My superintendent, Carson Kamps, was first class from day one; we sat and had a chat about the lead up to the Tavistock. He understood that I was on the program because I wanted to advance myself and become a top professional and, therefore, my duties would reflect that. I had a responsibility to lead by example and tackle the more complicated jobs. I was involved heavily in the application of fertilisers, herbicides and fungicides. Apart from course set up, this was my main job, spray hawking the greens in the morning and fairway applications in the afternoons.
The intense training at Lake Nona was fantastic. Carson spent a lot of time making sure that I fully understood the science behind producing surfaces as good as those at his course. I think one thing that will always stay with me is Carson walking on a green and making the following statement; "Mike, people like us don't do this job for the money, we do it because we are passionate about our job." How true.
The Tavistock Cup was a great success. The members and Pros spoke very highly of the course. It was great to get so close to people like Tiger Woods and Bubba Watson. The event is very relaxed; no ropes, everyone just walks up the fairways with the players. Lake Nona took the Cup again, much to my delight!
The time I spent at Lake Nona was a great learning curve. I had advanced my knowledge in so many different ways; calibration, overseeding, cool season grasses, warm season turf diseases, fungicide use and application, to name but a few.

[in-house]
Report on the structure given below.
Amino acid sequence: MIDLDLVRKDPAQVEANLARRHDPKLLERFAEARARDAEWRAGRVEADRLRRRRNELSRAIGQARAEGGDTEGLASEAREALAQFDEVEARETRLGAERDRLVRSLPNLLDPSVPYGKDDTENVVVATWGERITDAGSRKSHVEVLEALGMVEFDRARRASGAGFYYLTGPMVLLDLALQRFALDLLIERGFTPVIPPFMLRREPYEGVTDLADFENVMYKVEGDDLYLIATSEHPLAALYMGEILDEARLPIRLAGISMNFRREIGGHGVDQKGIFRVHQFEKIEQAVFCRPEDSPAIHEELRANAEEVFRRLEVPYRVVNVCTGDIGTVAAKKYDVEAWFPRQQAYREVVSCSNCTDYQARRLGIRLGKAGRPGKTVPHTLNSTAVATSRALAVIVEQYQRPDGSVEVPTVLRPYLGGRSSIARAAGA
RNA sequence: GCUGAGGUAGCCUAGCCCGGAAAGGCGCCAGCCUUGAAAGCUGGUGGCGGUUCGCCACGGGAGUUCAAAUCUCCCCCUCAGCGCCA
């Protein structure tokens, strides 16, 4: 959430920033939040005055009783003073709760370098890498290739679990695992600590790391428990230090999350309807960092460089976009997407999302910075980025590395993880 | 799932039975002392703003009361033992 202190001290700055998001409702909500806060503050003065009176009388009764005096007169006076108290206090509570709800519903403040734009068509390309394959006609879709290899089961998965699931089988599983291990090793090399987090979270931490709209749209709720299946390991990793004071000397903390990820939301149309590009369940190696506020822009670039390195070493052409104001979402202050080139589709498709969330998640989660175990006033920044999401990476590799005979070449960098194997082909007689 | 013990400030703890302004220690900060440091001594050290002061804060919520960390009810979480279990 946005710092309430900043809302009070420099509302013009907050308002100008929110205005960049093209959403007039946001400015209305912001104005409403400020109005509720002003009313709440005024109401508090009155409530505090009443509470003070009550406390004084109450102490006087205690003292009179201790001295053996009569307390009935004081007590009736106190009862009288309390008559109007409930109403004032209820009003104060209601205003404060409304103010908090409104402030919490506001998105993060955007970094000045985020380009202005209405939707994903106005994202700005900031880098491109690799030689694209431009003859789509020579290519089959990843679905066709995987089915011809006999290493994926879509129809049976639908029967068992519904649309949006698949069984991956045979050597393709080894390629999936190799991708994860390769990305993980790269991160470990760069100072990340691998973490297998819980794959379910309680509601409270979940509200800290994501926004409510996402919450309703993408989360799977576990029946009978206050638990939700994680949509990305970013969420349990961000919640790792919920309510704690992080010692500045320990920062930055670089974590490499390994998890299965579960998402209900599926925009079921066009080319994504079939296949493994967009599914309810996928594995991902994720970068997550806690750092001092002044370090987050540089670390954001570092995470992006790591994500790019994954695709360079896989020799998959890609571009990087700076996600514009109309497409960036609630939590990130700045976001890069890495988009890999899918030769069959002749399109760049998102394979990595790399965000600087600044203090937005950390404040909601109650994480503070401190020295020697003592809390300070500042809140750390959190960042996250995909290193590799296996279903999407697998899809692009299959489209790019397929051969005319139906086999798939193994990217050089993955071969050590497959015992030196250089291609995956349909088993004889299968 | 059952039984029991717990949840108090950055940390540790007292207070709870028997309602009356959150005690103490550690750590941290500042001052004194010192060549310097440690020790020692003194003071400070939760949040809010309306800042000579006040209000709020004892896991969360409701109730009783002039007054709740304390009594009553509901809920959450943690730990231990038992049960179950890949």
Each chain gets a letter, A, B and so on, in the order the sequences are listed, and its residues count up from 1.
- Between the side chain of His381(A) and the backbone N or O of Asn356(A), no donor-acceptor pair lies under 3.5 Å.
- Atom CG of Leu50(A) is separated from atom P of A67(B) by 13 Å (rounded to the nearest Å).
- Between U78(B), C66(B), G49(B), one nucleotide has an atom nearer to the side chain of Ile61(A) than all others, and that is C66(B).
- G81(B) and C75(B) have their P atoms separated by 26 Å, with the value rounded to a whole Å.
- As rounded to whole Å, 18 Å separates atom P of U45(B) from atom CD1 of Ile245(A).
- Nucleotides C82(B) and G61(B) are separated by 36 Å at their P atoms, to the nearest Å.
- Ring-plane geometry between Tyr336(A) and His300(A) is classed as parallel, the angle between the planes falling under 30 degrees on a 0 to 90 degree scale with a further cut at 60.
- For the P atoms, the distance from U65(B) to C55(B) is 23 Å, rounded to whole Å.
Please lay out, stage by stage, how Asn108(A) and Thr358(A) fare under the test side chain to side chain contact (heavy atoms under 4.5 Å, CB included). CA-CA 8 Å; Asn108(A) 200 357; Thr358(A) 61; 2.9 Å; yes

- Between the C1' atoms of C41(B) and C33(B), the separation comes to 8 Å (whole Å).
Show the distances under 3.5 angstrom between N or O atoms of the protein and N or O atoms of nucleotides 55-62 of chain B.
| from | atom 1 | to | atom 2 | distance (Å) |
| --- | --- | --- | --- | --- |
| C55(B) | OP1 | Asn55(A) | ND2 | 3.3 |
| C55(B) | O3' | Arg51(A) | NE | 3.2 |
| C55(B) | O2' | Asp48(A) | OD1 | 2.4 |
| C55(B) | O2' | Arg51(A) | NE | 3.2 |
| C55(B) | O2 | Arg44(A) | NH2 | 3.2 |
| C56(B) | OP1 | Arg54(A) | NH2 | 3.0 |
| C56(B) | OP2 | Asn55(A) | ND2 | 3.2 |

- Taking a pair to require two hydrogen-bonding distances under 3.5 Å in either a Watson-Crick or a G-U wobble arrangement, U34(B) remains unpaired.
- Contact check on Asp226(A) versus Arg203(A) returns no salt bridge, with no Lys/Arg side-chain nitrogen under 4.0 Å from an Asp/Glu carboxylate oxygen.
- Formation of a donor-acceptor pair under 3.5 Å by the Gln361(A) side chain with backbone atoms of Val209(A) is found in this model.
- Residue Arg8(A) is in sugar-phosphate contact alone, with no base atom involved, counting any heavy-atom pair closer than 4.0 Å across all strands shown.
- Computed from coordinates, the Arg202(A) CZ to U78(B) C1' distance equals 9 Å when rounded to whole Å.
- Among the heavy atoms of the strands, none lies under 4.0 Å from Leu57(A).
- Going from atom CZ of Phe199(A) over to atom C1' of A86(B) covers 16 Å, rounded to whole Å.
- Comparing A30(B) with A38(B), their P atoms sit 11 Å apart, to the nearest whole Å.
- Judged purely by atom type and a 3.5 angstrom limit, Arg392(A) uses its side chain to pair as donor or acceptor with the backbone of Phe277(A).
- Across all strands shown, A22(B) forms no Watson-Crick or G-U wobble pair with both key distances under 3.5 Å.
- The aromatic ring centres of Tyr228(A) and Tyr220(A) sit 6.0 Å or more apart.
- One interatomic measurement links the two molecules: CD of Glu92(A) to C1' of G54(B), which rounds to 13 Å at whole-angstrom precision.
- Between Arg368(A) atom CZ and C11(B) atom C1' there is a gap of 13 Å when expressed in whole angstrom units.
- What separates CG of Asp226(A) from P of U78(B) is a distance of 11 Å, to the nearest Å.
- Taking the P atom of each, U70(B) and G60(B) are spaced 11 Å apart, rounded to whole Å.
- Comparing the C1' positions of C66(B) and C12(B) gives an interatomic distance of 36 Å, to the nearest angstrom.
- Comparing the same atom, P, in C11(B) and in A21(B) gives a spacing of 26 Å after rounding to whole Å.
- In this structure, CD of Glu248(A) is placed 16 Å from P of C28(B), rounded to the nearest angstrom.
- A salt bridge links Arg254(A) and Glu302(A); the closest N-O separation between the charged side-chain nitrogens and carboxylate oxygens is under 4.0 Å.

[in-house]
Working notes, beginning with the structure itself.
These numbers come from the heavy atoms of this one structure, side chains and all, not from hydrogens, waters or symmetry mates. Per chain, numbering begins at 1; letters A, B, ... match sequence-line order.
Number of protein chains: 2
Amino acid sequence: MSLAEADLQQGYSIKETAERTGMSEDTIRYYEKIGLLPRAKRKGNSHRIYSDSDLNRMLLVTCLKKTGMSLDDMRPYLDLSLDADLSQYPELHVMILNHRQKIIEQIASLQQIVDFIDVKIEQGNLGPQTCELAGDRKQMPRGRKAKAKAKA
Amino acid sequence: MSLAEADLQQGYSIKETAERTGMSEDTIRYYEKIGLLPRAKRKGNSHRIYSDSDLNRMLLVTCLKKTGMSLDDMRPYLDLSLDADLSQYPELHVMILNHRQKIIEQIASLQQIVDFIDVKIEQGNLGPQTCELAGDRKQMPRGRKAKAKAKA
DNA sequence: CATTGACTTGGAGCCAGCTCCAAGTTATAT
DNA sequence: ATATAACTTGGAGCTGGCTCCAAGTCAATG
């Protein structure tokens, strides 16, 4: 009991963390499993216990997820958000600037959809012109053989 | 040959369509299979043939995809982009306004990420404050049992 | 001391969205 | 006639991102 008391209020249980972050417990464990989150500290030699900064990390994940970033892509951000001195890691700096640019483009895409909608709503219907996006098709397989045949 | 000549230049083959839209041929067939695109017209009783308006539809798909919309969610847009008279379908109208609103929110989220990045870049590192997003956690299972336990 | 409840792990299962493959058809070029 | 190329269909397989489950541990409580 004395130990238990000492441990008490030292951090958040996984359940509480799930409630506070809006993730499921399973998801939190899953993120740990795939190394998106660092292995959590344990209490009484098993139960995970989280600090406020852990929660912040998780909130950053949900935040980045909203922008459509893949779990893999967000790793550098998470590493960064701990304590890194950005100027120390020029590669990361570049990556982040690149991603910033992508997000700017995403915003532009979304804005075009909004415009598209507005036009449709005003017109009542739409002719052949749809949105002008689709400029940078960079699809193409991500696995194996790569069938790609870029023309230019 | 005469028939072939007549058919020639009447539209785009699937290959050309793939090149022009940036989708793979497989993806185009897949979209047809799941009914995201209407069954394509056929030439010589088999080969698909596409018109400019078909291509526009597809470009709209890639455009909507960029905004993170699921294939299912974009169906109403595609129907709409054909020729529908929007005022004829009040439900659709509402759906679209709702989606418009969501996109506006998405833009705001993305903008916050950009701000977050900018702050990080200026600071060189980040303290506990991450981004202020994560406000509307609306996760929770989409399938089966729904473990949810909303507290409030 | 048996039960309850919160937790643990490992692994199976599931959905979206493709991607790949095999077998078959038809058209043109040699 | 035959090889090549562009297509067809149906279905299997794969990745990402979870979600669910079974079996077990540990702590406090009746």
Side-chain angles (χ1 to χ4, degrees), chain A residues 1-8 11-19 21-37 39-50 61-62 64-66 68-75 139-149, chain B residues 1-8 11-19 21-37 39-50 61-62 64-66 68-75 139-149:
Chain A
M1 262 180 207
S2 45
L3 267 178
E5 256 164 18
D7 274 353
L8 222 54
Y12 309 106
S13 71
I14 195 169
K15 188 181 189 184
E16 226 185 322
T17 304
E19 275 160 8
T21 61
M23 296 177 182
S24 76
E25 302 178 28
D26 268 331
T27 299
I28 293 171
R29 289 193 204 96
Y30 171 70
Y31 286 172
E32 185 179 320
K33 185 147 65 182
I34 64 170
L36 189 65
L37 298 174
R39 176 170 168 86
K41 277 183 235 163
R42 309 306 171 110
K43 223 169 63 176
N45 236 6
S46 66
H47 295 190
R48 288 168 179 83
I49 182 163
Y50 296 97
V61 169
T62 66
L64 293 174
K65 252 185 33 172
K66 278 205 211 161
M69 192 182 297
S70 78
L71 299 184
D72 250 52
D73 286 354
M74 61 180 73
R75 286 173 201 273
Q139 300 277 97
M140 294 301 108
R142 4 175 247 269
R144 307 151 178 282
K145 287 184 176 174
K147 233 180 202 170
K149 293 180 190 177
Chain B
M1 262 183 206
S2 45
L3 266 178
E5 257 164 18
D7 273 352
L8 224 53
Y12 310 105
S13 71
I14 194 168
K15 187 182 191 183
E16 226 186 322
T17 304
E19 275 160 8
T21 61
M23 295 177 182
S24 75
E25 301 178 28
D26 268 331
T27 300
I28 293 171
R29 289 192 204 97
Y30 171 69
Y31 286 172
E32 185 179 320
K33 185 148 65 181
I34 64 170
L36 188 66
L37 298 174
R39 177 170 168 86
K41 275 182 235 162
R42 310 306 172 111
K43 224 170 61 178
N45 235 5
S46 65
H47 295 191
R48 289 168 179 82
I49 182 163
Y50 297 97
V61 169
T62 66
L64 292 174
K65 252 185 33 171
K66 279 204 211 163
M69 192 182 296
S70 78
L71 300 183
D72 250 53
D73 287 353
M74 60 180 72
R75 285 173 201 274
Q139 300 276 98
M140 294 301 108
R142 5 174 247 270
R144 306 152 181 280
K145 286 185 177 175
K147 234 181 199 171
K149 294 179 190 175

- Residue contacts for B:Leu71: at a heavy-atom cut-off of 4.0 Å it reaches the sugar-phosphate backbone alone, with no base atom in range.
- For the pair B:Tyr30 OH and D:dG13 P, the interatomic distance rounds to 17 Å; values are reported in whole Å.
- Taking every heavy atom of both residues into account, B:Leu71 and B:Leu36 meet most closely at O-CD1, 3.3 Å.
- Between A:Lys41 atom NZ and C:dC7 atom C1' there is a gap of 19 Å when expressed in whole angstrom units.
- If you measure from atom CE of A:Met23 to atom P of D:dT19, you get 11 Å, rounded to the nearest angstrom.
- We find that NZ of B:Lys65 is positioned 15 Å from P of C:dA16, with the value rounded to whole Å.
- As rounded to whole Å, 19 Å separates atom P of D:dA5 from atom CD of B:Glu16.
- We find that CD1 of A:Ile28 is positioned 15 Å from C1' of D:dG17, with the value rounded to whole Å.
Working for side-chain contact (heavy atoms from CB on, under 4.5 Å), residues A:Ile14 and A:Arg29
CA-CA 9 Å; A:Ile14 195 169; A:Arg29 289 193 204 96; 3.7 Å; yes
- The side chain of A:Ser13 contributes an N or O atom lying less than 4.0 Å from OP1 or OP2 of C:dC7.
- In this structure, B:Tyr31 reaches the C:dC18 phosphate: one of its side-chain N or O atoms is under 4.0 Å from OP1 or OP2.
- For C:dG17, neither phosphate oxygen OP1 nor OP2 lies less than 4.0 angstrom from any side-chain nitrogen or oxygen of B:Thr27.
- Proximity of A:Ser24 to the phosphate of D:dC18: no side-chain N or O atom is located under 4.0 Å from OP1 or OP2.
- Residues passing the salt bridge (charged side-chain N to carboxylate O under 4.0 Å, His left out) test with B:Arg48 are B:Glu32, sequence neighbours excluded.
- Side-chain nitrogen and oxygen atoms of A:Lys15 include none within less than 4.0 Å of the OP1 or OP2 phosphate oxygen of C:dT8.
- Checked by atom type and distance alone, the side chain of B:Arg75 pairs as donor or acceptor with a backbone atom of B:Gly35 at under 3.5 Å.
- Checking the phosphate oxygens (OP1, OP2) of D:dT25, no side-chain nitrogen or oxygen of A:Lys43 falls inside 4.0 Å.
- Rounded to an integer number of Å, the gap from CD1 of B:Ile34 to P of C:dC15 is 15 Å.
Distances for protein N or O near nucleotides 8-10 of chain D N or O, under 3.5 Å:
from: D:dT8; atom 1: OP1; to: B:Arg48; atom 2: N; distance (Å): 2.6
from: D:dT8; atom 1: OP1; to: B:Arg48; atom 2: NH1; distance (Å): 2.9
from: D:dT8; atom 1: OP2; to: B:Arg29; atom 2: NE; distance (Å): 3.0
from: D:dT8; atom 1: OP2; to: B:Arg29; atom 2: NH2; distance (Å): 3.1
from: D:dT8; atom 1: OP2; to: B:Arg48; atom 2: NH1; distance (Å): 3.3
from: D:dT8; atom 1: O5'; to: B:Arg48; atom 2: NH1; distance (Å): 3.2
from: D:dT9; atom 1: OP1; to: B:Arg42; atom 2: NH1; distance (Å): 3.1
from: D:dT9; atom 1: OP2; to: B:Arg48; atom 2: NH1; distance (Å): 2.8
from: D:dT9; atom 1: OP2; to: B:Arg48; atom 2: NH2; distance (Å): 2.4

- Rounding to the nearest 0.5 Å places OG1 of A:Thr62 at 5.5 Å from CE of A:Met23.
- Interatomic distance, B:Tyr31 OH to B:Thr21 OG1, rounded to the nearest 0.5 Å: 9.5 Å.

You can't get training like this on any other program. I will be forever grateful to Carson and his staff for the six months I spent with him, as he taught me so much.
It was time to leave Orlando - no more Universal Studios, Disneyland, Sea World, International Drive, Cape Kennedy, Gaterland, Busch Gardens ... my local bar was the Hard Rock Café. Would I miss it? Probably, but I had decided to extend my stay on the program for another six months.
Mike O'Keeffe had contacted me about possible placements back north. Some very good ones came up and we were working hard to find the best one. Then I got a phone call from Bob Becker at Scioto; three of his management team were leaving and he needed me back to help train the new guys and add experience to the crew. It was a managerial position. Mike and I agreed it was the best move.
In late March 2012, I said my goodbyes to Orlando, got in my car and drove the 1000 miles back to Columbus. I left at 3.00am and arrived in Columbus at 6.00pm, a fifteen hour drive. It sounds bad, but I watched the sunrise in Georgia, travelled through North and South Carolina, Virginia, and West Virginia. It was a fantastic road trip across the USA - and Bob paid for Mexican food when I arrived back, so it was worth it.
I was back at Scioto where it had all began. I was excited at the new challenge and to be back at, what was slowly becoming, my second home.
The first big operation was to Graden the greens. Some of the new staff had never seen the Graden in operation before, so it was a challenge.
At Scioto, we worked to achieve the maximum efficiency in the time limits given. We pencil tined the greens first, then used the Graden, which removed around 12% of the surface organic matter.